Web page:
All 30 were still in therapy three years after their first memory surfaced. Over half were still in therapy five years after the first memory surfaced (18/30 = 60%).
    Prior to memories, only 3 (10%) exhibited suicidal ideation or attempts; after memories, 20 (67%) exhibited suicidal ideation or attempts. Prior to memories, only 2 (7%) had been hospitalized; after memories, 11 (37%) had been hospitalized. Prior to memories, only 1 (3%) had engaged in self-mutilation; after memories 8 (27%) had engaged in self-mutilation.
    Virtually all the patients (29/30 = 97%) contended they had been abused in satanic rituals. They claimed their abuse began when they were, on average, 7 months old. Parents and other family members were allegedly involved in the ritualistic abuse in all cases (29 /29); Most remembered birth and infant cannibalism (22/29 = 76%) and consuming body parts (22/29 = 76%); The majority remembered being tortured with spiders (2()/29 = 69%). All remembered torture or mutilation (29/29). There were no medical exams corroborating the torture or mutilation.
    The sample of (mostly) women was fairly well educated, and most had been employed before entering therapy (25/30 = 83%), many of them in the health-care industry (15/30) . Three years into therapy, only 3 of 30 (10%) were still employed. Of the 30, 23 (77%) were married before they entered therapy and got their first memory; Within three years of this time, 11/23 (48%) were separated or divorced. Seven (23%) lost custody of minor children; All (30/30) were estranged from their extended families.
    Whereas the average cost of a mental health claim in the Crime Victim Compensation Program that did not involve repressed memory was $2,672, the average cost for the 183 repressed memory claims was dramatically higher: $12,296.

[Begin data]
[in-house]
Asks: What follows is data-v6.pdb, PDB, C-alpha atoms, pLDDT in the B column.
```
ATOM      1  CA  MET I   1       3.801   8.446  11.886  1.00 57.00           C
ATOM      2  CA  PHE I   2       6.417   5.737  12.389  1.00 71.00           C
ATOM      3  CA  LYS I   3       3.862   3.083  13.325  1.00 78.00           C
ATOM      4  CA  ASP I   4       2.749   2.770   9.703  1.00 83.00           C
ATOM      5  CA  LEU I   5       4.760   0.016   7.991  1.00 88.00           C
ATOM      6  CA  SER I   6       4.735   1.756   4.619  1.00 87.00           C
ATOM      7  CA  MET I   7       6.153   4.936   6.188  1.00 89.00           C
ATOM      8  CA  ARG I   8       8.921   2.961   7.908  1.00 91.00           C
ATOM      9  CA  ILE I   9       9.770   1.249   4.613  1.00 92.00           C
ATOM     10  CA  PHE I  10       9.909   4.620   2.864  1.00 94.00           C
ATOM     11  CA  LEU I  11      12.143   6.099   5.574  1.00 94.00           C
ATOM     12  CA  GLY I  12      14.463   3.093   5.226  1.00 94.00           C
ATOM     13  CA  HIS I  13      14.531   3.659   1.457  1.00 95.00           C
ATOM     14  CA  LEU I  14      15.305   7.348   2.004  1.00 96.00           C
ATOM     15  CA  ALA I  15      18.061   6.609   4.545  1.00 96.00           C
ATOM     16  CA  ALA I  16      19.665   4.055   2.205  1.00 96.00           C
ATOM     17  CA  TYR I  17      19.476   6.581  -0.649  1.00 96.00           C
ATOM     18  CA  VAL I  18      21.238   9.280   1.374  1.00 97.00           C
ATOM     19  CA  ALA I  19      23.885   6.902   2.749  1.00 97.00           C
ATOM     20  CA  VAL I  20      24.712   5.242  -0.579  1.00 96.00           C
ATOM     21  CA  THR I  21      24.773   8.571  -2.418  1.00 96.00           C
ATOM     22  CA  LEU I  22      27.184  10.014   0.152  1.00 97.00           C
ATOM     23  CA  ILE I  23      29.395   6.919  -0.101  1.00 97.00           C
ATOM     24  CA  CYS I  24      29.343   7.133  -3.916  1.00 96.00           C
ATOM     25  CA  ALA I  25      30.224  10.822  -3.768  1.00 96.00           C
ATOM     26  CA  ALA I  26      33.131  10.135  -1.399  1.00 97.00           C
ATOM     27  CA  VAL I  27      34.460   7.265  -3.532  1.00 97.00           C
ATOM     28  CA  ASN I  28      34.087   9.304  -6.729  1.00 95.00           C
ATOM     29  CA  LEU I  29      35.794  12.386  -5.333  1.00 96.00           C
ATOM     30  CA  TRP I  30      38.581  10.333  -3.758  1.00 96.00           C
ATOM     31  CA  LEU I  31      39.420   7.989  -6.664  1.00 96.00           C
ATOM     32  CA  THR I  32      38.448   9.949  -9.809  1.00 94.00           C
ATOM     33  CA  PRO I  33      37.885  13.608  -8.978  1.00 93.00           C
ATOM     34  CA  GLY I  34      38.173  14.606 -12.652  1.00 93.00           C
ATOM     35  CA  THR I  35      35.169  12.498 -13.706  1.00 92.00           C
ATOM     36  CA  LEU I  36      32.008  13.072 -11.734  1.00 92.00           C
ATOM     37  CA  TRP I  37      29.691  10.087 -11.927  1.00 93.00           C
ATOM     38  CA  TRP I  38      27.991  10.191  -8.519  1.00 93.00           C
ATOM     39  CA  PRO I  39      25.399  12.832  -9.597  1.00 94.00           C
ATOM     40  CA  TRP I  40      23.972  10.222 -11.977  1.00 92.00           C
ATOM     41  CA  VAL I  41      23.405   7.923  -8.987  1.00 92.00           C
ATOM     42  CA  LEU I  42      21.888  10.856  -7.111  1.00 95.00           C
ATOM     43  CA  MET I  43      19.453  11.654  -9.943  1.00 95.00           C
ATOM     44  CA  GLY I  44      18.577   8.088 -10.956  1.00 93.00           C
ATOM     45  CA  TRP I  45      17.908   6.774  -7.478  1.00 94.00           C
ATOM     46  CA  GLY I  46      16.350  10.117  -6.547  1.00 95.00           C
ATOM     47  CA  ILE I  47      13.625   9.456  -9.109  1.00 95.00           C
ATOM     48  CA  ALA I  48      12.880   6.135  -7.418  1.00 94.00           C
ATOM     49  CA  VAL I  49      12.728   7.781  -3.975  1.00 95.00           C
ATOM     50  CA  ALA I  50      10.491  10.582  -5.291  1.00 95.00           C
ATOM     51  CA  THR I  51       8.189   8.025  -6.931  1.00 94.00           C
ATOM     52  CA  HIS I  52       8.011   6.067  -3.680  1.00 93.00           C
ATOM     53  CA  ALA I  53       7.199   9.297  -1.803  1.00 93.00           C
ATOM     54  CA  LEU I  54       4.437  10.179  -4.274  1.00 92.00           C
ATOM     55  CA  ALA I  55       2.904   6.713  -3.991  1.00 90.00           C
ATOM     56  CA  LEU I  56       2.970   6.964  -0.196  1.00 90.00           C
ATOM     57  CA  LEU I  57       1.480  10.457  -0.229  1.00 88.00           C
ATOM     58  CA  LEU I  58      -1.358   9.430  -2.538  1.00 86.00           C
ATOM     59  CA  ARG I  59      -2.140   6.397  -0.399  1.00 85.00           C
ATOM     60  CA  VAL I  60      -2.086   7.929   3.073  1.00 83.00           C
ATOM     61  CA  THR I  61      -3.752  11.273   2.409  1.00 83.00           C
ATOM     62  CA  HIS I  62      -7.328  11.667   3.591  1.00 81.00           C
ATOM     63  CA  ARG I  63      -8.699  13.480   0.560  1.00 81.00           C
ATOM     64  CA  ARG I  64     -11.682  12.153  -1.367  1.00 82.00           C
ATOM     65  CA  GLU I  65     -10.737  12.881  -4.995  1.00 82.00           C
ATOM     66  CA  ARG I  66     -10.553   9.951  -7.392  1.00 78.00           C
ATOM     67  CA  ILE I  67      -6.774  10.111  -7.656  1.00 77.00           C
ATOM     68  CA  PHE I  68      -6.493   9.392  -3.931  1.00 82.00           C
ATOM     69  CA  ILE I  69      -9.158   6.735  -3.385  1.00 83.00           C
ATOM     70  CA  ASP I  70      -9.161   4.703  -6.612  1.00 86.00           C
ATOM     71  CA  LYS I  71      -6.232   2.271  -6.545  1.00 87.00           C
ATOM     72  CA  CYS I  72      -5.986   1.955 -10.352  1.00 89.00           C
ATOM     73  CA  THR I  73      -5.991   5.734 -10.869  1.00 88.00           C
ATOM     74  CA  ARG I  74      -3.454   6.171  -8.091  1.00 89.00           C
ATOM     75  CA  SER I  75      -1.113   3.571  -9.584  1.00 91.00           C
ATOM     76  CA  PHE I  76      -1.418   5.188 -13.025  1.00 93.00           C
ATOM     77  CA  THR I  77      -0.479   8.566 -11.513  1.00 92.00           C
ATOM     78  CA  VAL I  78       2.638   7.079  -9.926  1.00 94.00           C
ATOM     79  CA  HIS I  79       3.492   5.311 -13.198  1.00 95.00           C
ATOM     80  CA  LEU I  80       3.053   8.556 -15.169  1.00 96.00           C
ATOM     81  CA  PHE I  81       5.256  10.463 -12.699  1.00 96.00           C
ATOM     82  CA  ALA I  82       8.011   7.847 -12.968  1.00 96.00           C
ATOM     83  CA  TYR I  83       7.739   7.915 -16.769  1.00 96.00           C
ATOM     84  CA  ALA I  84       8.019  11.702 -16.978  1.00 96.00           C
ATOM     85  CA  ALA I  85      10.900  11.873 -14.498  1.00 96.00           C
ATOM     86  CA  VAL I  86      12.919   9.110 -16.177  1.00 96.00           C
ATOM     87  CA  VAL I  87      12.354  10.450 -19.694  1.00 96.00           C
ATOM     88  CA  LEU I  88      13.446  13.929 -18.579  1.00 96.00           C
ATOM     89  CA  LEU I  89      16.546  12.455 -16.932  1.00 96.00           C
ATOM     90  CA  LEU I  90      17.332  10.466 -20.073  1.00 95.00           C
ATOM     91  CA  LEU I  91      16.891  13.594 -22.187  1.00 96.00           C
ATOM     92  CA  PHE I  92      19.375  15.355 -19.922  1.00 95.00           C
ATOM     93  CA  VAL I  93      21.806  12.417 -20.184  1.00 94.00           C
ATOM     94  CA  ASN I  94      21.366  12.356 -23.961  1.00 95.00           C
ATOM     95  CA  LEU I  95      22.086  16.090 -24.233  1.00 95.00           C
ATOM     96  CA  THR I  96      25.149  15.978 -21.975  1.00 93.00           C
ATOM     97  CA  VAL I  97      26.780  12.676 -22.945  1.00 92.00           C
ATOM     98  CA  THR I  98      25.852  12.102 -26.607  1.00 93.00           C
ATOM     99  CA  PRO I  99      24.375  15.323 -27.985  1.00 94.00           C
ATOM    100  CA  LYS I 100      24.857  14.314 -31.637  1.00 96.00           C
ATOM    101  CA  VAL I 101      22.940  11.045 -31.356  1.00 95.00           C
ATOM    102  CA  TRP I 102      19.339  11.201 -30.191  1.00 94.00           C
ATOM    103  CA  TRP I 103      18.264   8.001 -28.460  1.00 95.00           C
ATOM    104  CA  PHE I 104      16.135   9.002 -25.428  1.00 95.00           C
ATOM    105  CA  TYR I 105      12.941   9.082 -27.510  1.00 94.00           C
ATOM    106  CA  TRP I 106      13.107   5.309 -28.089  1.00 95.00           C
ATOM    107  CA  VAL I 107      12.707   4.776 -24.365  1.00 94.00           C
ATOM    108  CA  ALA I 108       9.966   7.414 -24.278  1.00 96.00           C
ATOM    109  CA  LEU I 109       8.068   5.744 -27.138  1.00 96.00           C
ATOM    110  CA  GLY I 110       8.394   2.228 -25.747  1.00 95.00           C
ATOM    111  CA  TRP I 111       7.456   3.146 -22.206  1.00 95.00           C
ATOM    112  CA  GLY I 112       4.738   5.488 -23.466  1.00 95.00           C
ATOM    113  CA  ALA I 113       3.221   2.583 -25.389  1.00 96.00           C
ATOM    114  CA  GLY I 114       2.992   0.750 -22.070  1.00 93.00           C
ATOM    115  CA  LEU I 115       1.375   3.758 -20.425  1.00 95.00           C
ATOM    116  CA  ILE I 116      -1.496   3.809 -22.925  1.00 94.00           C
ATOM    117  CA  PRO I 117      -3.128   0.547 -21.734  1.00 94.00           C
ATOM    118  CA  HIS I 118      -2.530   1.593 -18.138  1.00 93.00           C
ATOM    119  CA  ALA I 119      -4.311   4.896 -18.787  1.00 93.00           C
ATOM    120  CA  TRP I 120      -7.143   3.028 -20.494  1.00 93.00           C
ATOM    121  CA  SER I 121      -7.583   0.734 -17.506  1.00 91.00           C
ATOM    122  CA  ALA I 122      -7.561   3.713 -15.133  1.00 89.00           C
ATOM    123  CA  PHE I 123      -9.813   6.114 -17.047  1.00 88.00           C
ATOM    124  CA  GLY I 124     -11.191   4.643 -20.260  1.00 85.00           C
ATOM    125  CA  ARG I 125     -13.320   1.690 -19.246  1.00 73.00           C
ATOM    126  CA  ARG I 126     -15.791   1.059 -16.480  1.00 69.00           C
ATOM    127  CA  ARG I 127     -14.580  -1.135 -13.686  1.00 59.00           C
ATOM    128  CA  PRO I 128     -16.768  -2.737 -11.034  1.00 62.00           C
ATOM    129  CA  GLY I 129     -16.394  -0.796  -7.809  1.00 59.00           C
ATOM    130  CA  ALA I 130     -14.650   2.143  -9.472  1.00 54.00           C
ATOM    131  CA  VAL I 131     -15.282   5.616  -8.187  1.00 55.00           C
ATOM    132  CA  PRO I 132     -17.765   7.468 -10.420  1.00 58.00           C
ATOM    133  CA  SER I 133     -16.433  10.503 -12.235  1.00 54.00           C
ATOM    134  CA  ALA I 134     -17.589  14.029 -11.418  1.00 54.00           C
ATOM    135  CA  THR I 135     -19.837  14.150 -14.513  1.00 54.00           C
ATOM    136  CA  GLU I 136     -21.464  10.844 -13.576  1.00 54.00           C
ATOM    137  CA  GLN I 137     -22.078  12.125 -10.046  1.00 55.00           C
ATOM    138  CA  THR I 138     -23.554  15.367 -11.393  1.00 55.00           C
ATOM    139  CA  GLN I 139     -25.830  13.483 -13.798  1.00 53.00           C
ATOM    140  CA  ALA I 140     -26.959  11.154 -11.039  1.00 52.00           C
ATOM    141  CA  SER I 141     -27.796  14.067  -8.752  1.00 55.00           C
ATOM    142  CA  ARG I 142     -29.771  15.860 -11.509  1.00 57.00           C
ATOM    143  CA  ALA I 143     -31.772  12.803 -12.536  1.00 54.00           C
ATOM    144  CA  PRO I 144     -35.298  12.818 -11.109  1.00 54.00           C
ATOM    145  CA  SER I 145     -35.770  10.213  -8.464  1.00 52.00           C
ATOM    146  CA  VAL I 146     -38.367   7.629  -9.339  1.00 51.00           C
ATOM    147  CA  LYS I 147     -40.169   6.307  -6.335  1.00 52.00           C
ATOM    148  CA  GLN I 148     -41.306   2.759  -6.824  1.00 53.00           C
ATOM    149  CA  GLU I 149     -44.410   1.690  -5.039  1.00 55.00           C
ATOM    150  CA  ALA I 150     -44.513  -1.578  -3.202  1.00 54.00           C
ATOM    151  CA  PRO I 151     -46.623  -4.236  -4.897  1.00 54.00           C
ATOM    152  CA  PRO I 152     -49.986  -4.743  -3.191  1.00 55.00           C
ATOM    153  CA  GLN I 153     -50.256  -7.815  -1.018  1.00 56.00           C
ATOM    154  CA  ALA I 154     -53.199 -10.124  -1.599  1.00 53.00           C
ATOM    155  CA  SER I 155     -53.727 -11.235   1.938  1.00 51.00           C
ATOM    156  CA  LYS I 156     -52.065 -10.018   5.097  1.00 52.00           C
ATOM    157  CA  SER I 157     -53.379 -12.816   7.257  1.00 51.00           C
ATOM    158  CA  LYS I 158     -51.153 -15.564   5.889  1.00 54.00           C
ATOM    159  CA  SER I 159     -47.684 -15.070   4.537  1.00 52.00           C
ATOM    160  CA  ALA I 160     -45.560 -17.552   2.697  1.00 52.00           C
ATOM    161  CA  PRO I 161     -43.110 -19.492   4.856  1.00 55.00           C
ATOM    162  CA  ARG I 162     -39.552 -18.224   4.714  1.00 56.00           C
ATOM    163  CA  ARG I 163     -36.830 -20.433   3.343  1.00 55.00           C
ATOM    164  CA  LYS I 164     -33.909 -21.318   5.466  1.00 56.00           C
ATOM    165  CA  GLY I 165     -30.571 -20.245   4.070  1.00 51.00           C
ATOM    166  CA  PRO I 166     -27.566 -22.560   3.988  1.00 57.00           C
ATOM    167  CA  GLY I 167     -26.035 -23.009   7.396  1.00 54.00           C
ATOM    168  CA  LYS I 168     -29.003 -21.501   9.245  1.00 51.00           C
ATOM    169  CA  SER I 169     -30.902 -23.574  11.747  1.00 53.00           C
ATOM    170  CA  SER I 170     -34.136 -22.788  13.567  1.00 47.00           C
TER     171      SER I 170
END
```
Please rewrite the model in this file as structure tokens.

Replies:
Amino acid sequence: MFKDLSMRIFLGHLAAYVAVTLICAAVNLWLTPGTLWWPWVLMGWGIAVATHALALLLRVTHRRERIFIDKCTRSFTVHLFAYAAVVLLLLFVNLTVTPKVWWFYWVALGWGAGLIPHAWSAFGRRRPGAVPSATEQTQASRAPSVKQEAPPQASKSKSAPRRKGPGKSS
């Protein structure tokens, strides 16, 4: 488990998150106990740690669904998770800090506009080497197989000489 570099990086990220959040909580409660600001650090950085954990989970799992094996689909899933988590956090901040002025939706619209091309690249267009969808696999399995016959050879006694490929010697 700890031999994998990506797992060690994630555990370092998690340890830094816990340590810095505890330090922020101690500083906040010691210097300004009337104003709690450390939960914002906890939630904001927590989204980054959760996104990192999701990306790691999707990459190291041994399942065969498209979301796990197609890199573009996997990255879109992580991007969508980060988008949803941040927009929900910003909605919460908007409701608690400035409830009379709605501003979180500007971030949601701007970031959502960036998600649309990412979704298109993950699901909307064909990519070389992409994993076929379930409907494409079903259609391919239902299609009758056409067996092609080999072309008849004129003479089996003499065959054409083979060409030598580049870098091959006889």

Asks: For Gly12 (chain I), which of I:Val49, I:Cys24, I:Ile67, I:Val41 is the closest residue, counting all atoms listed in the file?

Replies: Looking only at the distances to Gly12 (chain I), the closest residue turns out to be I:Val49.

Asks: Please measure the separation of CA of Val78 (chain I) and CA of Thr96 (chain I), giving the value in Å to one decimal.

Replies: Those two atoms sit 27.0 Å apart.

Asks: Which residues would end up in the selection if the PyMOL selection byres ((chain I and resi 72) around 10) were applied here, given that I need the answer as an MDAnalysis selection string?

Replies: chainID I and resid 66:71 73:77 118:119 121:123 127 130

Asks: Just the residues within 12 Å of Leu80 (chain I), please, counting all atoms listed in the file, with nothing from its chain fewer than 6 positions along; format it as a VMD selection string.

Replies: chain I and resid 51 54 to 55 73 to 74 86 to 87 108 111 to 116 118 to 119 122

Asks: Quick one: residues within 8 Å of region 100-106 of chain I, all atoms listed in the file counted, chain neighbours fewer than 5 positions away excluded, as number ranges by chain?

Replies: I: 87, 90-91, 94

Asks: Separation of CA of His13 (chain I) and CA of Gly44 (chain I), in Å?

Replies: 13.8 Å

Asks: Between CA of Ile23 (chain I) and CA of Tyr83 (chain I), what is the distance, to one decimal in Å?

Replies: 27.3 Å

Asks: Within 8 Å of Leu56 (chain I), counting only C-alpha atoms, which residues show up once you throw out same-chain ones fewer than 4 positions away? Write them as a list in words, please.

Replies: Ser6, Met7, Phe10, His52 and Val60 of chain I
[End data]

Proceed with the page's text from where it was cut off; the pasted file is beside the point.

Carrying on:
It seems to me that the psychologists involved in the therapy of these victims of a money-hungry industry used a manual of indicators of satanic ritualistic abuse that is very similar to that applied by the social workers and psychologists who laid the charges of satanic ritualistic abuse in the Broxtowe Case in Nottinghamshire, U.K. (See JET Report at: http://www.theconvergence.com/mirror/jetrep/). But then, why should anyone be surprised at this. In the JET report it states that of the 300 or so representatives of the Psychological Industry at a London conference, 97% stated that they truly believe that satanic ritualistic abuse is a reality, although it has not been proven yet that such conspiracies have happened in any of the cases that have been brought into the courts. It seems that to become a psychologist one must suspend all common sense and embrace the belief of the absurd.

Dr. Dineen ends this section in that chapter of her book with this comment:

In many ways it becomes an enthralling dance of the patient and therapist, each responding to the moves and sways of the other and each believing that they are getting somewhere together. But when the music stops, the dance is over and therapy is finished, the most likely conclusion is that they aren't much further ahead, that they are about where they began, with both just a little tireder and one a little (or a lot) poorer and the other a little (or a lot) richer.

To me it seems that we have not yet come out of the dark ages. There may be little hope that we will manage to do that, unless we forget about trying to supplant the methods of the Inquisition with those of the Psychological Industry. If you ask me, I think that the people under the Spanish inquisition were better off than we are now. Just compare the 60,000 victims that were prosecuted during the 600 years of the Spanish Inquisition with the 3 million annual victims of virtually almost always false abuse allegations of today’s witch hunt in the U.S.A. alone, a witch hunt that is instigated by the psychologist-inspired search for victimhood. It is too bad, but perhaps out of the scope of Dr. Dineen’s book, that she did not consider that aspect of the social costs of the art (claimed by some to be a science) of psychology. Then again maybe I’ll find appropriate comments as I work my way toward the end of her book -- it’s fascinating!

See also:

1999 06 12
2001 02 05 (format changes)
2006 03 04 (added link to Feminism for Male College Students)
2012 08 02 (added link to Are the Vaginas in the House?)